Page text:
Clearly there is still scope for false positives files in /var/tmp that are opened O_APPEND for example, or if you use a different shell but it gives a very good starting point.



1The autofs log file has been written to thanks to me using the well hidden feature of being able to turn automounter verbose mode on and off by accessing the f file “=v” in the as root in the root of an indirect mount point. Typically this is “/net/=v”. Equally you can set the trace level by accessing “/net/=N” where N is any integer.

2Cron is so busy as I am still running the test jobs for the timezone aware cron.

Wednesday Feb 14, 2007

Testing timezone enabled cron

My proof of concept for cron to understand timezones has moved to being closer to production code and I'm in the process of trying to get it put back in to Solaris. The biggest sticking point at the moment appears to be that the UNIX standards all say you can't do this in a crontab file.

Meanwhile following Adam's point that it's tested or it's broken I have started work on a test suite to test the new functionality in the blind optimism that a way around the standards can be found.

First I wrote a script that understands the five time fields used by cron and a timezone and can tell you if it is running when it should not. It is called crontest and can be run from cron like this:

15,45 \* 1-18,20 2 \* exec lang/sh/crontest 15,45 \\\* 1-18,20 2 \\\* Africa/Addis_Ababa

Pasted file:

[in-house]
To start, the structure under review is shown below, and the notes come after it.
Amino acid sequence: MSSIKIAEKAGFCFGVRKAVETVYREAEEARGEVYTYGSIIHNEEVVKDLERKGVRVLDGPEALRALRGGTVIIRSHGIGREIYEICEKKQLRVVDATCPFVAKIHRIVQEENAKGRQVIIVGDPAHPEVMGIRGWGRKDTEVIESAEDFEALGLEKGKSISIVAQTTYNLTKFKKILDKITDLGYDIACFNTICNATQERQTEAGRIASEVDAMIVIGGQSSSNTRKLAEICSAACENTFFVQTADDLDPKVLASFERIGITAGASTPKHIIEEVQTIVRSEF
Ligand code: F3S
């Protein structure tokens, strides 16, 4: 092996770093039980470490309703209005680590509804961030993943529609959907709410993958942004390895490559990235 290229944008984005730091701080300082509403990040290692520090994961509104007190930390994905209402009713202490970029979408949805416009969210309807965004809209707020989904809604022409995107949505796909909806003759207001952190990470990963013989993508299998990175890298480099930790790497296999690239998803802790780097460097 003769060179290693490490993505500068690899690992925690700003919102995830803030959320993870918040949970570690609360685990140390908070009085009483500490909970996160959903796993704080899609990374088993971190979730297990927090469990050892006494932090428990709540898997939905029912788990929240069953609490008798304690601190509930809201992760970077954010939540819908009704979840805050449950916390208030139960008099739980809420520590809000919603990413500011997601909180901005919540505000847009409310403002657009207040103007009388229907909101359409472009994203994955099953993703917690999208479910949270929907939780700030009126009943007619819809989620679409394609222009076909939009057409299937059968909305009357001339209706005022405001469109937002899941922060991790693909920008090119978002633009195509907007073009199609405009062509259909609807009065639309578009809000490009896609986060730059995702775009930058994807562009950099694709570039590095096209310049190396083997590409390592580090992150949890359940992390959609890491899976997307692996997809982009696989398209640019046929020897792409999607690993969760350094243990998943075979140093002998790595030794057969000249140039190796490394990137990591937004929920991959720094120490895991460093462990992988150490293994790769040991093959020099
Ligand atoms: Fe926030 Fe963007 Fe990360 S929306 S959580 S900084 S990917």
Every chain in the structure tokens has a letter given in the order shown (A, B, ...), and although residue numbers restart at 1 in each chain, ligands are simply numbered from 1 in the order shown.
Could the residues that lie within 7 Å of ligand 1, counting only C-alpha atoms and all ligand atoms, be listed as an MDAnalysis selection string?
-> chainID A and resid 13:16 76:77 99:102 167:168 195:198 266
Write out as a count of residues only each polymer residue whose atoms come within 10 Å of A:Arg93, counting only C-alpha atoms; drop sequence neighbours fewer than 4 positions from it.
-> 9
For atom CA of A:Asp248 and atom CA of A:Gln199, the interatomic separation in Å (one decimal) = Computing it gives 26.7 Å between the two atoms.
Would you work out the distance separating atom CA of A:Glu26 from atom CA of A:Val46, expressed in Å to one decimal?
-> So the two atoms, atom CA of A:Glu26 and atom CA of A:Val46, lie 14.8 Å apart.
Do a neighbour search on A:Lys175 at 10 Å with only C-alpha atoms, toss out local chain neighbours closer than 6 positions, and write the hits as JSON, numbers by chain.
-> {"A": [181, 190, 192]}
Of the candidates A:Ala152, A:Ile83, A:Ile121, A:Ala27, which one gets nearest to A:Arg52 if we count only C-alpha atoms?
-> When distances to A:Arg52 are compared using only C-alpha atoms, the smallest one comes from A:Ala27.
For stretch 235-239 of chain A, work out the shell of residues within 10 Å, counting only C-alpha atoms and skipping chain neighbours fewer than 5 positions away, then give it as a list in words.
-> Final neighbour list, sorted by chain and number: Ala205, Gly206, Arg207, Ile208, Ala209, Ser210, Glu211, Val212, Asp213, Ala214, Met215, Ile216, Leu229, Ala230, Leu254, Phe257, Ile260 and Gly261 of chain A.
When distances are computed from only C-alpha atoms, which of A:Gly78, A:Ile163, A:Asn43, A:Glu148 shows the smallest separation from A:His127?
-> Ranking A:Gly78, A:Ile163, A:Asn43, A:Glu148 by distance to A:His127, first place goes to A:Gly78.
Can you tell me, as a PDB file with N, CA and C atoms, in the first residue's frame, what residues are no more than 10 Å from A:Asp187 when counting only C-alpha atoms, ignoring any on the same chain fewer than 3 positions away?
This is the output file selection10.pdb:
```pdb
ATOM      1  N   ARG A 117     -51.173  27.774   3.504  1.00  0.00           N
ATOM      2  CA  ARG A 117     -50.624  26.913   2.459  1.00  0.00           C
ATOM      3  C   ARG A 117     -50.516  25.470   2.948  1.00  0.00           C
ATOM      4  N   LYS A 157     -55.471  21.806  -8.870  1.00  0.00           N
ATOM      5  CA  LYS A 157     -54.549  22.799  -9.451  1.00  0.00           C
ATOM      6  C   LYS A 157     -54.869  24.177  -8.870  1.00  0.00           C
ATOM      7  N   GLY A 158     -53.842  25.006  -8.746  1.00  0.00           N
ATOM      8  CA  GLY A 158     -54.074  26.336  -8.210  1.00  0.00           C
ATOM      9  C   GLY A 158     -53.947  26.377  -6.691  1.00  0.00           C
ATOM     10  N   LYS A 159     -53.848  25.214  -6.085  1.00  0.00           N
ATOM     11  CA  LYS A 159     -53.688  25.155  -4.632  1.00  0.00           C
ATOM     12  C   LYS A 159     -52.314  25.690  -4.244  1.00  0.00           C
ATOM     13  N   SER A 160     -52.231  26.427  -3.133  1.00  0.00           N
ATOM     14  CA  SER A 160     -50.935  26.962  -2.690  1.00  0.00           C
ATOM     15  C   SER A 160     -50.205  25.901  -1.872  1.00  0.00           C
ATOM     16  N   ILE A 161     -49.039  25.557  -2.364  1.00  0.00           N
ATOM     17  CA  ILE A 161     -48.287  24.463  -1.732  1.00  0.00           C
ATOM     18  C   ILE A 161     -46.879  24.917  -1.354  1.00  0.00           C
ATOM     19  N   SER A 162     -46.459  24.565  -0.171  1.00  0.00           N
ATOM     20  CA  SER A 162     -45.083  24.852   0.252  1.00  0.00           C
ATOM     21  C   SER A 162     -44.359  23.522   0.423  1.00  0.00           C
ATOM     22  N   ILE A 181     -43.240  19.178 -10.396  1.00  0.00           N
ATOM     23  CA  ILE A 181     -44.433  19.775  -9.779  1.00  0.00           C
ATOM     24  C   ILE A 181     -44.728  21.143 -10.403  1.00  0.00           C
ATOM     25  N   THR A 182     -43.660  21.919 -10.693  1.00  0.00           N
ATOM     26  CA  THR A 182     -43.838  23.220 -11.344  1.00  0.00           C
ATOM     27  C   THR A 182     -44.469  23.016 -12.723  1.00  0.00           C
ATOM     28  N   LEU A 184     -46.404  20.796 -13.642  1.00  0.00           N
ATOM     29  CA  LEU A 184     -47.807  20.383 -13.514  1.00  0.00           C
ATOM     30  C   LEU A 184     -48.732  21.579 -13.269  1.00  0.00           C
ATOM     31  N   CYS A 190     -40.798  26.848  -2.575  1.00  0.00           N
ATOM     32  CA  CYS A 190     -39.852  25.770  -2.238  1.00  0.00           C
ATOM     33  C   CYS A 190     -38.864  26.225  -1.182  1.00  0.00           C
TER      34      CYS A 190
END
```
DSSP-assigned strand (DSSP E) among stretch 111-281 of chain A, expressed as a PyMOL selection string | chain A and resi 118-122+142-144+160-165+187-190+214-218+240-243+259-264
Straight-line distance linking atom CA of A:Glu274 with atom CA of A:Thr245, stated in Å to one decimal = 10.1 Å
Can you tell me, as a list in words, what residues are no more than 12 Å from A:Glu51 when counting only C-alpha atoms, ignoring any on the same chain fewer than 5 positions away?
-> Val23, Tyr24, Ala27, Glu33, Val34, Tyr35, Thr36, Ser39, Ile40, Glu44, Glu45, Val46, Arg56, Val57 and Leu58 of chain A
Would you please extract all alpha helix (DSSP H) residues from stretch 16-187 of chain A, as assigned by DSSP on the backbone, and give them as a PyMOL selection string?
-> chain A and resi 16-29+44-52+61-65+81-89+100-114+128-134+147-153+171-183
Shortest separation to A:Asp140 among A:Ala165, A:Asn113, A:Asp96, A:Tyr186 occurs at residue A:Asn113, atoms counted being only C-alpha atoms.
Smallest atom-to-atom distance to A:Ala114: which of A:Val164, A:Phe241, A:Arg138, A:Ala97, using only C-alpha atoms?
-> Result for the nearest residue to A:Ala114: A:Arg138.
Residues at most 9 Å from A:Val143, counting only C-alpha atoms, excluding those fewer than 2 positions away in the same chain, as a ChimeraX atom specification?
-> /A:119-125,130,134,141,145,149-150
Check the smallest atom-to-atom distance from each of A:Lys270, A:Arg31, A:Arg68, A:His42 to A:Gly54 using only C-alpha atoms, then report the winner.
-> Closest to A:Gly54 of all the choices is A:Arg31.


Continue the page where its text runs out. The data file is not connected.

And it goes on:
When it thinks things have gone wrong it prints an error with the process id and the parent process id so that it can be tied back to the entry in /var/cron/log.


Now I just need a crontab file that contains all the possible cron entries. Hmm that is not so easy. However if I can fill the crontab file with random entries I should get good coverage. So I have another script, crontab_create which generates random, but legal, crontab entries which call the crontest script. So I end up with a crontab that looks like this:


TZ=Asia/Tbilisi
42,50 0 1-25,27-28,30 1 \* exec lang/sh/crontest 42,50 0 1-25,27-28,30 1 \\\* Asia/Tbilisi
37,45 0-21,23 1-20,22-23,25 \* \* exec lang/sh/crontest 37,45 0-21,23 1-20,22-23,25 \\\* \\\* Asia/Tbilisi
32,40 0-16,18-19,21 \* 1 \* exec lang/sh/crontest 32,40 0-16,18-19,21 \\\* 1 \\\* Asia/Tbilisi
27,35 \* 1-10,12-13,15-21,23 1-11 \* exec lang/sh/crontest 27,35 \\\* 1-10,12-13,15-21,23 1-11 \\\* Asia/Tbilisi
22,30,57,59 0-6,8-9,11-17,19 1-5,7-8,10-16,18-28,30 1-6,8-9,11 \* exec lang/sh/crontest 22,30,57,59 0-6,8-9,11-17,19 1-5,7-8,10-16,18-28,30 1-6,8-9,11 \\\* Asia/Tbilisi
TZ=Asia/Tehran
17,25,52,54-56 0-1,3-4,6-12,14 2-3,5-11,13-23,25 1,3-4,6 \* exec lang/sh/crontest 17,25,52,54-56 0-1,3-4,6-12,14 2-3,5-11,13-23,25 1,3-4,6 \\\* Asia/Tehran
12,20,47,49-51 1-7,9-19,21 \* \* \* exec lang/sh/crontest 12,20,47,49-51 1-7,9-19,21 \\\* \\\* \\\* Asia/Tehran
7,15,42,44-46 0-2,4-14,16 1,3-13,15-22,24,26-27,29 1-2,4 \* exec lang/sh/crontest 7,15,42,44-46 0-2,4-14,16 1,3-13,15-22,24,26-27,29 1-2,4 \\\* Asia/Tehran
2,10,37,39-41 0-9,11-18,20,22 1-8,10-17,19,21-22,24 1-9,11 \* exec lang/sh/crontest 2,10,37,39-41 0-9,11-18,20,22 1-8,10-17,19,21-22,24 1-9,11 \\\* Asia/Tehran
5,32,34-36 0-4,6-13,15,17-18,20 1-3,5-12,14,16-17,19 1-4,6 \* exec lang/sh/crontest 5,32,34-36 0-4,6-13,15,17-18,20 1-3,5-12,14,16-17,19 1-4,6 \\\* Asia/Tehran
TZ=Asia/Thimphu
0,27,29-31 1-8,10,12-13,15 1-7,9,11-12,14 \* \* exec lang/sh/crontest 0,27,29-31 1-8,10,12-13,15 1-7,9,11-12,14 \\\* \\\* Asia/Thimphu
22,24-26 \* 1-2,4,6-7,9 1-3,5,7-8,10 \* exec lang/sh/crontest 22,24-26 \\\* 1-2,4,6-7,9 1-3,5,7-8,10 \\\* Asia/Thimphu
17,19-21 0,2-3,5 1-2,4-26,28-30 2-3,5 \* exec lang/sh/crontest 17,19-21 0,2-3,5 1-2,4-26,28-30 2-3,5 \\\* Asia/Thimphu
12,14-16 0-22 \* \* \* exec lang/sh/crontest 12,14-16 0-22 \\\* \\\* \\\* Asia/Thimphu